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Burundi election lacks critical ingredient: presidential candidates

Allegations of fraud in May's local elections have brought a new wave of violence to the capital city and lurched Burundi into political crisis. Opposition parties are refusing to put forward any presidential candidates, a week before Burundi's election.

By Jina MooreCorrespondent / June 23, 2010

Burundian President Pierre Nkurunziza smiles during an interview with AFP journalists in Rugombo during a break in a political rally in the north part of Burundi on May 14.

Roberto Schmidt/AFP/Newscom

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Bujumbura, Burundi

Less than a week away from its first presidential vote since the last armed group laid down their guns, Burundi’s election is still missing a critical ingredient: candidates.

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Only President Pierre Nkurunziza is running in the race. But members of opposition parties are campaigning anyway – not to win the election, but to convince their fellow Burundians to boycott the vote.

“We’ll hold a campaign against elections. We won’t kill. We won’t fight. But we will ask people not to vote,” says Leonard Nyangoma, a former presidential candidate and spokesperson for a coalition of 12 opposition parties who pulled out of the race, including Agathon Rwasa. He is the former leader of a holdout rebel group called the FNL that only laid down its arms in 2009. UPRONA, the country’s second-biggest political party, also joined the boycott.

Those abstaining say the president’s party stole its May victory in local elections. The ruling CNDD-FDD won 64 percent of that vote, in which 90 percent of the country’s registered voters – more than 3 million people – cast ballots. The ruling party has roots as one of the largest rebel groups in Burundi's 10-year civil war, which ended in 2003. Party chairman Mr. Nkurunziza was elected in 2005 to a five-year term as president.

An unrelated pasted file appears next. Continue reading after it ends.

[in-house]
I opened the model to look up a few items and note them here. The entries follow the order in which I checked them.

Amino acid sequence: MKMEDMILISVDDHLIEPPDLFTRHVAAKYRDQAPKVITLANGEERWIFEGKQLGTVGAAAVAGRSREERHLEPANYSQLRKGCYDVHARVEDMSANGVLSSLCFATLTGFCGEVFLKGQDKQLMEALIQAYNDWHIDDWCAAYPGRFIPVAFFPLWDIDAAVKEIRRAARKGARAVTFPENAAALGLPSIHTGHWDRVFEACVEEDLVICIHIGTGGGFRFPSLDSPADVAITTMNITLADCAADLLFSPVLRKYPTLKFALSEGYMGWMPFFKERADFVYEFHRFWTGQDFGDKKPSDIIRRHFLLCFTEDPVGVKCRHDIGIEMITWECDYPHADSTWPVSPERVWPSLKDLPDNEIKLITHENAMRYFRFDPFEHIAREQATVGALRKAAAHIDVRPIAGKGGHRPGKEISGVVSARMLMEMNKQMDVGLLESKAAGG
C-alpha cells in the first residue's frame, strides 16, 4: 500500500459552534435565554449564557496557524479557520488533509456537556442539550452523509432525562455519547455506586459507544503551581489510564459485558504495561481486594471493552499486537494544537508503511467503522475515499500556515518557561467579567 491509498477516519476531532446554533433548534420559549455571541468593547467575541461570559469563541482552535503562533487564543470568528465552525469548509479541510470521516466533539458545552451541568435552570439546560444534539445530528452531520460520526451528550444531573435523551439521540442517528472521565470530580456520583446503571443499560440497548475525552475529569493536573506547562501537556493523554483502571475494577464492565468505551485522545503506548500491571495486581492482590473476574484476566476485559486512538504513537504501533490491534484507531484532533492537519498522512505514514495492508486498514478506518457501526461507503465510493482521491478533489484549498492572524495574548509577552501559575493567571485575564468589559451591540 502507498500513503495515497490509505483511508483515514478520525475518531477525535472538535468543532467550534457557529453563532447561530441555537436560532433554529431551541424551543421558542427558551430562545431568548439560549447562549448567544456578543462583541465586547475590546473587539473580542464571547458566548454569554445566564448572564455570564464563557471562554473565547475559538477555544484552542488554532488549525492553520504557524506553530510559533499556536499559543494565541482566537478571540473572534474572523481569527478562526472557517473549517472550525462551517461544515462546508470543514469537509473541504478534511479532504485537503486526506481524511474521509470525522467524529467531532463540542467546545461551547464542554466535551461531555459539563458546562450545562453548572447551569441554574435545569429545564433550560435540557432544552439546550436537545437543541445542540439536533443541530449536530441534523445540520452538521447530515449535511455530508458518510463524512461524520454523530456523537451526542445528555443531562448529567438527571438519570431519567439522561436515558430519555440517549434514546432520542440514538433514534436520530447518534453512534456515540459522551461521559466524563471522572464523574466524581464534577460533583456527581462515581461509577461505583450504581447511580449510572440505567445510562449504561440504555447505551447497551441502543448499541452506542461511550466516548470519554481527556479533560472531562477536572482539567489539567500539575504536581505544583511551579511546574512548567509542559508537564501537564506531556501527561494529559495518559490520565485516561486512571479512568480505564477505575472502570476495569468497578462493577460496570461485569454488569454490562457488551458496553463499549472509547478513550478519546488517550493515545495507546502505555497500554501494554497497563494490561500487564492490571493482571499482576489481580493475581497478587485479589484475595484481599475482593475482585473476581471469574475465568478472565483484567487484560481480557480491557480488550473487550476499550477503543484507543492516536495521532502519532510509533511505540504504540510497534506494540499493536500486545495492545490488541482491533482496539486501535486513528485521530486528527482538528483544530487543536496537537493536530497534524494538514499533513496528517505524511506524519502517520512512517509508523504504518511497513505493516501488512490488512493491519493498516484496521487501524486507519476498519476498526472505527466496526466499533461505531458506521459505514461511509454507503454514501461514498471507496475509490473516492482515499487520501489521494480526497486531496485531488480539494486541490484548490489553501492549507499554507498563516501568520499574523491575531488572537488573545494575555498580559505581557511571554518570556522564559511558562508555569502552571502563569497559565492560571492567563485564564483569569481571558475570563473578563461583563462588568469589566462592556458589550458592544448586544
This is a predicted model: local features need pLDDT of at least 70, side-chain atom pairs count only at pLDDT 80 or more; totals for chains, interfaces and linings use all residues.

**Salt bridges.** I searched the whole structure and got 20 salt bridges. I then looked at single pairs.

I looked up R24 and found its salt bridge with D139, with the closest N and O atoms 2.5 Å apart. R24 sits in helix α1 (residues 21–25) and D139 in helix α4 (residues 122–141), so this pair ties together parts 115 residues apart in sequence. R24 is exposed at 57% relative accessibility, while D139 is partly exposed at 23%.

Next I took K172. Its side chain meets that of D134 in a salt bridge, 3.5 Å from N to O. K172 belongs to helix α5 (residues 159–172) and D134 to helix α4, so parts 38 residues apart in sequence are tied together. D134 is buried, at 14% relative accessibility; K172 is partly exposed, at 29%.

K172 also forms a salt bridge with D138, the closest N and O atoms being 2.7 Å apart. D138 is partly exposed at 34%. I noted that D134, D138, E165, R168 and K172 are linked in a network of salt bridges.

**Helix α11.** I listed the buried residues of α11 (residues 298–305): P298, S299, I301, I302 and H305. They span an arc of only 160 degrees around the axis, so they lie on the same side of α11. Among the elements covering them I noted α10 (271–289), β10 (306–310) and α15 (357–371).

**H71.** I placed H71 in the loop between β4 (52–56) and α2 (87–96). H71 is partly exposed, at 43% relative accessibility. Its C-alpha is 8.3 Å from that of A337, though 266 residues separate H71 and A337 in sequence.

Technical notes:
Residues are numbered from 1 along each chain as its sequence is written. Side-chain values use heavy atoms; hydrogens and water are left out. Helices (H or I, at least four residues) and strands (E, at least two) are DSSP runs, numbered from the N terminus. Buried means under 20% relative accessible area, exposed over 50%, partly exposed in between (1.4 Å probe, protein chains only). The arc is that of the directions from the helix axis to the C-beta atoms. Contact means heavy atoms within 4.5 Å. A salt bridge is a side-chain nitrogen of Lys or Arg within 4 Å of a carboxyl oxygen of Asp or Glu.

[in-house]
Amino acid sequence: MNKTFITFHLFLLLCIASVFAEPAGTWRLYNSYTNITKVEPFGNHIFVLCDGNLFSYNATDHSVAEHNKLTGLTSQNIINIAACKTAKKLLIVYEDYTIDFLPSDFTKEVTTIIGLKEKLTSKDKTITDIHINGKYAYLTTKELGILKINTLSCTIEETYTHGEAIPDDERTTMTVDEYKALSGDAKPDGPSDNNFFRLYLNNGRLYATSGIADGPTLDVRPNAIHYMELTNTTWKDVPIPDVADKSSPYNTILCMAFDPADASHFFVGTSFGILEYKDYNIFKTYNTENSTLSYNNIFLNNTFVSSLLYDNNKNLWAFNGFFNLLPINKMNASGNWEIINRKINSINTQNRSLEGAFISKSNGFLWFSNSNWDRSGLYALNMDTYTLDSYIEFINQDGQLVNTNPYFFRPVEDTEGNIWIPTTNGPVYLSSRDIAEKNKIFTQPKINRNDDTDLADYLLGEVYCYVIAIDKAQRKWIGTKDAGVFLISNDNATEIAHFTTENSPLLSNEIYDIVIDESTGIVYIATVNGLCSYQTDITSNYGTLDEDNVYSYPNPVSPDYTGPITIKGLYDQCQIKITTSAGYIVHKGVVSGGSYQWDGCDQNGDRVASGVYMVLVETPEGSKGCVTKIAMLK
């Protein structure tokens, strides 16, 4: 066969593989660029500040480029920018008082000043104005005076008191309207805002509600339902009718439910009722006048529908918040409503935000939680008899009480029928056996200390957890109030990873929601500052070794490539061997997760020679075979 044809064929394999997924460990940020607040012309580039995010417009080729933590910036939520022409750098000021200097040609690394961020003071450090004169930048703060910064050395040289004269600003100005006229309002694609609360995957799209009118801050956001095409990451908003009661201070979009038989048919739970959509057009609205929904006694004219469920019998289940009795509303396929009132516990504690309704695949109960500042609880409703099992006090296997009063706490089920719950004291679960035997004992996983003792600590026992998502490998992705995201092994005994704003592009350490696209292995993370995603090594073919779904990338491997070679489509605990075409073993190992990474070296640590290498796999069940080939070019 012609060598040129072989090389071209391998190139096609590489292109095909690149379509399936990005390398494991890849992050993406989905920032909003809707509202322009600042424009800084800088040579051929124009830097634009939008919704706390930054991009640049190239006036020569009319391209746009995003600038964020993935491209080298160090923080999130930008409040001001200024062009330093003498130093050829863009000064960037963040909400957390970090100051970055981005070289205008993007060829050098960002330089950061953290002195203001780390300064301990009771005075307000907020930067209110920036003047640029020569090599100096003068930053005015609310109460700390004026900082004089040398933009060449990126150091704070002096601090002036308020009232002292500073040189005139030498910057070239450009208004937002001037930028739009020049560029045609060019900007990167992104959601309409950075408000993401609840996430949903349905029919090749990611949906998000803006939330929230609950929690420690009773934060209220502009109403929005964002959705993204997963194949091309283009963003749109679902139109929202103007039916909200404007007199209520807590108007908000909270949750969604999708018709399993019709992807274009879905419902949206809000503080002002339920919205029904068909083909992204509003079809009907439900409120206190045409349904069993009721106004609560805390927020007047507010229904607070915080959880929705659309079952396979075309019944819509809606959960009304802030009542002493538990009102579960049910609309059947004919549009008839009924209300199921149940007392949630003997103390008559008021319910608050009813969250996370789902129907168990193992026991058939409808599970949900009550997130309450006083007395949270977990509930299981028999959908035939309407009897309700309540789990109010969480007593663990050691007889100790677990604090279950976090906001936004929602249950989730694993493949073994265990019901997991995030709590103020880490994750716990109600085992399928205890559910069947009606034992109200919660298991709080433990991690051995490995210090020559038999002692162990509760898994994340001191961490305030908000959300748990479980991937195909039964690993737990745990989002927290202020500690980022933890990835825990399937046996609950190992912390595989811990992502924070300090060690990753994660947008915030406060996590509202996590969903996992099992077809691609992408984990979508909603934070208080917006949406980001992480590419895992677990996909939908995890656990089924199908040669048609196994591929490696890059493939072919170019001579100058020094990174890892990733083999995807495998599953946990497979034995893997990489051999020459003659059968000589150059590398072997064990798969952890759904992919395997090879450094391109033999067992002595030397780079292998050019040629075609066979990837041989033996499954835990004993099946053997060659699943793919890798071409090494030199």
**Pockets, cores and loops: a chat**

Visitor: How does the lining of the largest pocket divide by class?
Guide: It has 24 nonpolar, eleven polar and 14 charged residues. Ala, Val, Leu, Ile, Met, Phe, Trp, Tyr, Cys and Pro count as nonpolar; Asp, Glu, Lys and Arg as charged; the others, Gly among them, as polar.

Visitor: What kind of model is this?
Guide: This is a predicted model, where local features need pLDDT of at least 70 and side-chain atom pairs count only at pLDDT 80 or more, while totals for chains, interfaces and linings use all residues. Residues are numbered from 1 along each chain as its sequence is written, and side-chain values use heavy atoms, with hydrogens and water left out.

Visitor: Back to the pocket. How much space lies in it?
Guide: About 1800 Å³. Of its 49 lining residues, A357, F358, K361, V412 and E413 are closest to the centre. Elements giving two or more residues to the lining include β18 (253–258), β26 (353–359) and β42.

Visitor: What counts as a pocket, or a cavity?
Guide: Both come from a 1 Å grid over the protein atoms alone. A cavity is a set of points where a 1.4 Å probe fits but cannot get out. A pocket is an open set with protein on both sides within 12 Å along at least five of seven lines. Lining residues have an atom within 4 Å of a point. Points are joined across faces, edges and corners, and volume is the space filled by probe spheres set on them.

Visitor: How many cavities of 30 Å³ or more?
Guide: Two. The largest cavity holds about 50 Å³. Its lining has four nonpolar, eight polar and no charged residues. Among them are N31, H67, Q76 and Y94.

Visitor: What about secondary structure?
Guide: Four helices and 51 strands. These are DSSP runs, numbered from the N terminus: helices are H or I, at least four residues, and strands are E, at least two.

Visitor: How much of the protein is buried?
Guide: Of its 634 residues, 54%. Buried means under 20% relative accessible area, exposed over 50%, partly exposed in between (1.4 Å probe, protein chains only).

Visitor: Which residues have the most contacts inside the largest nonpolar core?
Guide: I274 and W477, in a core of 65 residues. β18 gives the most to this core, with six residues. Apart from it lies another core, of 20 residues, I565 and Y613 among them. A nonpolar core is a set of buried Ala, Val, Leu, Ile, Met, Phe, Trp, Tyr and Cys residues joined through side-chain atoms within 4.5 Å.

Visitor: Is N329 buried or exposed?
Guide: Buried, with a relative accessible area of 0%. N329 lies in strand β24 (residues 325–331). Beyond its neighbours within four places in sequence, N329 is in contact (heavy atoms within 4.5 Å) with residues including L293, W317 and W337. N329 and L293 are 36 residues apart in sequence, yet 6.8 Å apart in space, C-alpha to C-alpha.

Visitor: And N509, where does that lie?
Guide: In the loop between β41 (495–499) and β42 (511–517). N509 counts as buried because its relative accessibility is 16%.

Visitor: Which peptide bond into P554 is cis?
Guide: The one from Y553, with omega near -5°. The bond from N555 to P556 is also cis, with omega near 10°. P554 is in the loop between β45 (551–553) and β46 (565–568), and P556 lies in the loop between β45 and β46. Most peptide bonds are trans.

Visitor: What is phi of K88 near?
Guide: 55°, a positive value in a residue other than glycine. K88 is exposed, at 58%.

The May election itself was largely peaceful, to the surprise and relief of observers, but allegations of what Mr. Nyangoma characterizes as “massive fraud” have lurched post-conflict Burundi into political crisis – and brought a new wave of violence to the capital city.

In the past week, more than 30 grenade explosions have been reported in the capital, killing several people. Violence has also been reported in rural areas.

Many Burundians say they fear the next election day may not be as peaceful as the last one. Some are also frustrated with the political elite’s inability to solve its disagreements.

“I can’t say yes or no” to the question of whether there was fraud, says Josiane Nzengiyumva, a sales clerk in Bujumbura, “because I don’t really know what happened. What I can say is this: After that, we have a problem. So the political parties need to work together to find a solution.”

Observers: No evidence of fraud

Opposition candidates lodged complaints about the local elections in early June, including the irregularity of poll hours and the failure to protect ballot secrecy. The parties, and local civil society groups, questioned the delayed release of official results and the inaccessibility of day-of documentation from the polls.

Opposition parties have demanded dialogue, the dissolution of an independent election commission they say is biased in favor of the president, and even a repeat of the May vote. The winning CNDD-FDD has accused the opposition of being “bad losers.”

The National Independent Electoral Commission (CENI) and the European Union (EU) observers concede there were “irregularities” in the process, including some of those cited by opposition parties, but insist there is no proof of fraud.

Renate Weber, chief of the EU Elections Observation Mission here, says she sees no evidence that the vote was rigged. “The way things were carried out, they could not actually lead to the vote in favor of one or another party,” says Ms. Weber.

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